1

weird

adjective \ ˈwird \
Updated on: 15 Nov 2017

Definition of weird

1 :of strange or extraordinary character :odd, fantastic
2 :of, relating to, or caused by witchcraft or the supernatural :magical

weirdly

adverb

weirdness

noun

weird was our Word of the Day on 02/20/2016. Hear the podcast!

Examples of weird in a Sentence

  1. Cosmic strings are second only to black holes in the astrophysicist's pantheon of weird objects. They are narrow, ultradense filaments formed during a phase transition—called inflation—within the first microsecond of cosmic history. —Steve NadisAstronomyOctober 2005
  2. If you looked at them closely you realized they were carved with weird, pagan creatures, more like hobgoblins than men, half hidden among trees and leaves—here acanthus and there what looked like a palm tree. —Kate AtkinsonCase Histories2004
  3. As an extended fictional device allegory is used mainly in didactic, satirical fables, such as Gulliver's Travels, Animal Farm and Erewhon. In these masterpieces a surface realism of presentation gives the fantastic events a kind of weird plausibility … —David LodgeThe Art of Fiction1992
  4. My little brother acts weird sometimes.

  5. I heard a weird noise.

  6. That's weird—I put my book down right here just a few minutes ago and now it's gone.

Recent Examples of weird from the Web

These example sentences are selected automatically from various online news sources to reflect current usage of the word 'weird.' Views expressed in the examples do not represent the opinion of Merriam-Webster or its editors. Send us feedback.

Origin and Etymology of weird

from construal as an adjective of 2weird in weird sisters, name for the Fates of Greek and Roman myth (early Scots werd sisteris, Middle English wyrde systeres, Shakespeare weyard/weyward sisters, applied to the witches in Macbeth)

Synonym Discussion of weird

weird, eerie, uncanny mean mysteriously strange or fantastic. weird may imply an unearthly or supernatural strangeness or it may stress queerness or oddness.
    • weird creatures from another world
eerie suggests an uneasy or fearful consciousness that mysterious and malign powers are at work.
    • an eerie calm preceded the bombing raid
uncanny implies disquieting strangeness or mysteriousness.
    • an uncanny resemblance between total strangers

2

weird

noun

Definition of weird

1 :fate, destiny; especially :ill fortune

Recent Examples of weird from the Web

These example sentences are selected automatically from various online news sources to reflect current usage of the word 'weird.' Views expressed in the examples do not represent the opinion of Merriam-Webster or its editors. Send us feedback.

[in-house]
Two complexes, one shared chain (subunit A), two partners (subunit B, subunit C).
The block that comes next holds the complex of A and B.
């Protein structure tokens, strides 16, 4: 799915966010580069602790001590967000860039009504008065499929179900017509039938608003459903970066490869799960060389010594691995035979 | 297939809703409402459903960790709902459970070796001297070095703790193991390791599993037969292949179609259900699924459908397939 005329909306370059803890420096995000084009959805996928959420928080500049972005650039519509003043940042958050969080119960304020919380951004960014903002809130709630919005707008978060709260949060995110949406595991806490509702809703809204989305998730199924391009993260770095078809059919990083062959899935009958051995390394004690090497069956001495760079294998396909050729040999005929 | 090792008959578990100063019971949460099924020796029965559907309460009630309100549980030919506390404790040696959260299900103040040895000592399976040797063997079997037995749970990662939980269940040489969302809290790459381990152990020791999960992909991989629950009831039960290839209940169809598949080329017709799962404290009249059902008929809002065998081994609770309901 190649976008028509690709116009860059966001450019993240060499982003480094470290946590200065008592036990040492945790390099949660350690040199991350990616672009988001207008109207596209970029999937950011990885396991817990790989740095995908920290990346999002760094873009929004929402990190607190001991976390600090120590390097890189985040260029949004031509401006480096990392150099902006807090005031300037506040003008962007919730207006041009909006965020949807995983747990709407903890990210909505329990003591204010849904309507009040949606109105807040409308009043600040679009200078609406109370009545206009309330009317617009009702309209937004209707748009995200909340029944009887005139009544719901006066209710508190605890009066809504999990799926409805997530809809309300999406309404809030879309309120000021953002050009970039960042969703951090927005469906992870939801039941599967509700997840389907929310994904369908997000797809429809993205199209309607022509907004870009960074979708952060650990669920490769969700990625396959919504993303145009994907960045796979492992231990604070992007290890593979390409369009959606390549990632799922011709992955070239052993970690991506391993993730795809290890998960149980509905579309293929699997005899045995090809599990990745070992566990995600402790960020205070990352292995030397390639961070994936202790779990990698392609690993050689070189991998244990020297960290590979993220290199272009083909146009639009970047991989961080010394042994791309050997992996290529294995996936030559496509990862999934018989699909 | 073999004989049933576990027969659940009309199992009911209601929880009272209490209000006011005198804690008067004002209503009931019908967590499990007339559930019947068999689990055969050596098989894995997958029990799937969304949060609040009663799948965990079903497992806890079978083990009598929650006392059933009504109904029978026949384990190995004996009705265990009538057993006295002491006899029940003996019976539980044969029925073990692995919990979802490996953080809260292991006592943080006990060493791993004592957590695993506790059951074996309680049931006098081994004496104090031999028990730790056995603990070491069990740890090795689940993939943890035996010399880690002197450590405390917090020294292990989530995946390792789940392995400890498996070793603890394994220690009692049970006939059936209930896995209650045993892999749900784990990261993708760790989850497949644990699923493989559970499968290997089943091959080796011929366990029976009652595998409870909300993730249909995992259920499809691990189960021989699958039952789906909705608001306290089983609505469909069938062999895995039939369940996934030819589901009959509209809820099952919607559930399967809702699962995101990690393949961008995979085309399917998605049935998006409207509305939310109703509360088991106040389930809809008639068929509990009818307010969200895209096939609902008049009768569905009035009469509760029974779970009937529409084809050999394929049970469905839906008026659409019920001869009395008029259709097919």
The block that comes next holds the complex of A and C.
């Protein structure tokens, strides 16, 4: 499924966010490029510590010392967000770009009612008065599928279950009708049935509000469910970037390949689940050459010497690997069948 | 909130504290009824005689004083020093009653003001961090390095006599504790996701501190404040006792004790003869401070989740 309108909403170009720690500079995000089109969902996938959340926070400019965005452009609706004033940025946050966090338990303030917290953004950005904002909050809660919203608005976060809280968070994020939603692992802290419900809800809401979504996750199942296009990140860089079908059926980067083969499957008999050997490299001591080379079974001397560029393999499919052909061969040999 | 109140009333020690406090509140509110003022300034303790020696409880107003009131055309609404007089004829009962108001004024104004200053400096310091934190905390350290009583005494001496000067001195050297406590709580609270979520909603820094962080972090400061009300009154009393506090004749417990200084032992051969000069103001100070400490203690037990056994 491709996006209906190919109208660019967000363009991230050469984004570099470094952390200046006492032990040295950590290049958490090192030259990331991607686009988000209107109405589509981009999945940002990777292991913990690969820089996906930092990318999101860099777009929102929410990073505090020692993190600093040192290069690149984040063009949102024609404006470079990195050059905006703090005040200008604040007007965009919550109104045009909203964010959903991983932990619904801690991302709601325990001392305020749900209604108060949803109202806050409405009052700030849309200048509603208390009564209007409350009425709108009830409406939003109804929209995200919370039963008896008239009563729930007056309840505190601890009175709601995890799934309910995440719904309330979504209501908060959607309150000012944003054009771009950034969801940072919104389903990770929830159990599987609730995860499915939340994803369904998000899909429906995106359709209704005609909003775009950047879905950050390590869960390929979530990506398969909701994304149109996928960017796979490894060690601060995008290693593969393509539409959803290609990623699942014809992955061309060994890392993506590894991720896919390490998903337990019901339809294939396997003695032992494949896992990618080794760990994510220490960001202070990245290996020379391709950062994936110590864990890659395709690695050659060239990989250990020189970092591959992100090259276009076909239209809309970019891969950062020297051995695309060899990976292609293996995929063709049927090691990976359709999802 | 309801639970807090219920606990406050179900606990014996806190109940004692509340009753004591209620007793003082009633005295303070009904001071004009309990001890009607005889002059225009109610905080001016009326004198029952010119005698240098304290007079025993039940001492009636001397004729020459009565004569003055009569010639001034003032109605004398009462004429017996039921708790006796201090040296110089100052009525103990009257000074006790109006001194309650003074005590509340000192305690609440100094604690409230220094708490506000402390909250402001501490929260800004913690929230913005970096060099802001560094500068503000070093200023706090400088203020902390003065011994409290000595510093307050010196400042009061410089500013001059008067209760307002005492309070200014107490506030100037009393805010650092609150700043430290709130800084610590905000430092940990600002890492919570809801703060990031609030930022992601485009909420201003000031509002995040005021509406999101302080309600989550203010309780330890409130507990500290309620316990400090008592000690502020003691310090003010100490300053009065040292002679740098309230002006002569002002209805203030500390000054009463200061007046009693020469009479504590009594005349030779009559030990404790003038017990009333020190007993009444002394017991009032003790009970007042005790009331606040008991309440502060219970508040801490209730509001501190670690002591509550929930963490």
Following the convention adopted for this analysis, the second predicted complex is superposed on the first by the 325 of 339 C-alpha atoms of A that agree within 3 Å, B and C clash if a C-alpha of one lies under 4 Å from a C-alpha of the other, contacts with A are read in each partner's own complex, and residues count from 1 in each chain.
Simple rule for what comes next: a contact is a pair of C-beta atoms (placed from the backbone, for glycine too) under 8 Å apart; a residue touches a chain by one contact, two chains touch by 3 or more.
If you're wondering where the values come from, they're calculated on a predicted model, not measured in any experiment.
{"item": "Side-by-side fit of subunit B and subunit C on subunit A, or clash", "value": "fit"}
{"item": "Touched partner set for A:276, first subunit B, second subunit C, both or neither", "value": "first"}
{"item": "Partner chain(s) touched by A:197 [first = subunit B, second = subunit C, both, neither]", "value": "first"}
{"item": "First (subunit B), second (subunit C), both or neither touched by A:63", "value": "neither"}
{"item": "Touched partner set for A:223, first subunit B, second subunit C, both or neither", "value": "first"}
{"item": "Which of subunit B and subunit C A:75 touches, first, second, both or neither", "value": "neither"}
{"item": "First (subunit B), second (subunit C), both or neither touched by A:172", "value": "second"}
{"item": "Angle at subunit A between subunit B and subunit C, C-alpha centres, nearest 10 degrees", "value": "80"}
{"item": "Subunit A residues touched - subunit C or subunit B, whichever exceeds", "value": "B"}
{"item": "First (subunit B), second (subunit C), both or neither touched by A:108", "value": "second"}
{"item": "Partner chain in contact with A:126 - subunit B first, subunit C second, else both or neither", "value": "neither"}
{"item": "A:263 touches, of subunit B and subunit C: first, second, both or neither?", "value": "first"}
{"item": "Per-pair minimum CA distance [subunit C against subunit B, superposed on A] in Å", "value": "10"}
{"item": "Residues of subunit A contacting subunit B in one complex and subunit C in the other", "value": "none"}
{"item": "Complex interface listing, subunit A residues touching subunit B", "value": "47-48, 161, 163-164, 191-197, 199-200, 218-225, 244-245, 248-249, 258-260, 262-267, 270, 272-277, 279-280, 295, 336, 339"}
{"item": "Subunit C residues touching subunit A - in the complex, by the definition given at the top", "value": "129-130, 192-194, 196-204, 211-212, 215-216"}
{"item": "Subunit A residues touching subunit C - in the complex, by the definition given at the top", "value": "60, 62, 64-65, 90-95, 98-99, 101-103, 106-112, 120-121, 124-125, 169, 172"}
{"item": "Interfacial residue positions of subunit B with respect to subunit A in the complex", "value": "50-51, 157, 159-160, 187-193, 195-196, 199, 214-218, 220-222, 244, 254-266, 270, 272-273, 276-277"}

Shakespeare's Connection to weird

You may know today's word as a generalized term describing something unusual, but weird also has older meanings that are more specific. Weird derives from the Old English noun wyrd, essentially meaning "fate." By the 8th century, the plural wyrde had begun to appear in texts as a gloss for Parcae, the Latin name for the Fates—three goddesses who spun, measured, and cut the thread of life. In the 15th and 16th centuries, Scots authors employed werd or weird in the phrase "weird sisters" to refer to the Fates. William Shakespeare adopted this usage in Macbeth, in which the "weird sisters" are depicted as three witches. Subsequent adjectival use of weird grew out of a reinterpretation of the weird used by Shakespeare.

Origin and Etymology of weird

Middle English wird, werd, going back to Old English wyrd, going back to Germanic *wurdi- "fate, chance" (whence Old Saxon wurđ "fate," Old High German wurt, Old Norse urðr), derivative from the base of *werþan- "to come about, happen, become" — more at 1worth


WEIRD Defined for English Language Learners

weird

adjective

Definition of weird for English Language Learners

  • : unusual or strange


WEIRD Defined for Kids

weird

adjective \ ˈwird \

Definition of weird for Students

weirder; weirdest
:very unusual :strange
  • So what if I have weird eyebrows and funny toes?
  • —Judy Blume, Sheila the Great

History for weird

The adjective weird came from an earlier noun weird, which meant “fate.” In Scotland weird was used as an adjective in the phrase “the Weird Sisters,” a name for the Fates, three goddesses who set human destinies. In his play Macbeth, William Shakespeare adapted this phrase for the eerie sisters who tell Macbeth his fate. So well-known was Shakespeare's usage that the original meaning of weird was forgotten and people assumed that it meant “strange, fantastic”—which accurately described the sisters in the play.



Seen and Heard

What made you want to look up weird? Please tell us where you read or heard it (including the quote, if possible).

Love words? Need even more definitions?

Subscribe to America's largest dictionary and get thousands more definitions and advanced search—ad free!

WORD OF THE DAY

to praise usually to excess

Get Word of the Day daily email!

Test Your Vocabulary

Find the Cousins

  • a-large-tree-with-many-branches
  • Which pair shares a common word ancestor?
True or False

Test your knowledge - and maybe learn something along the way.

TAKE THE QUIZ
Syn City

Test Your Knowledge - and learn some interesting things along the way.

TAKE THE QUIZ

Love words? Need even more definitions?

Subscribe to America's largest dictionary and get thousands more definitions and advanced search—ad free!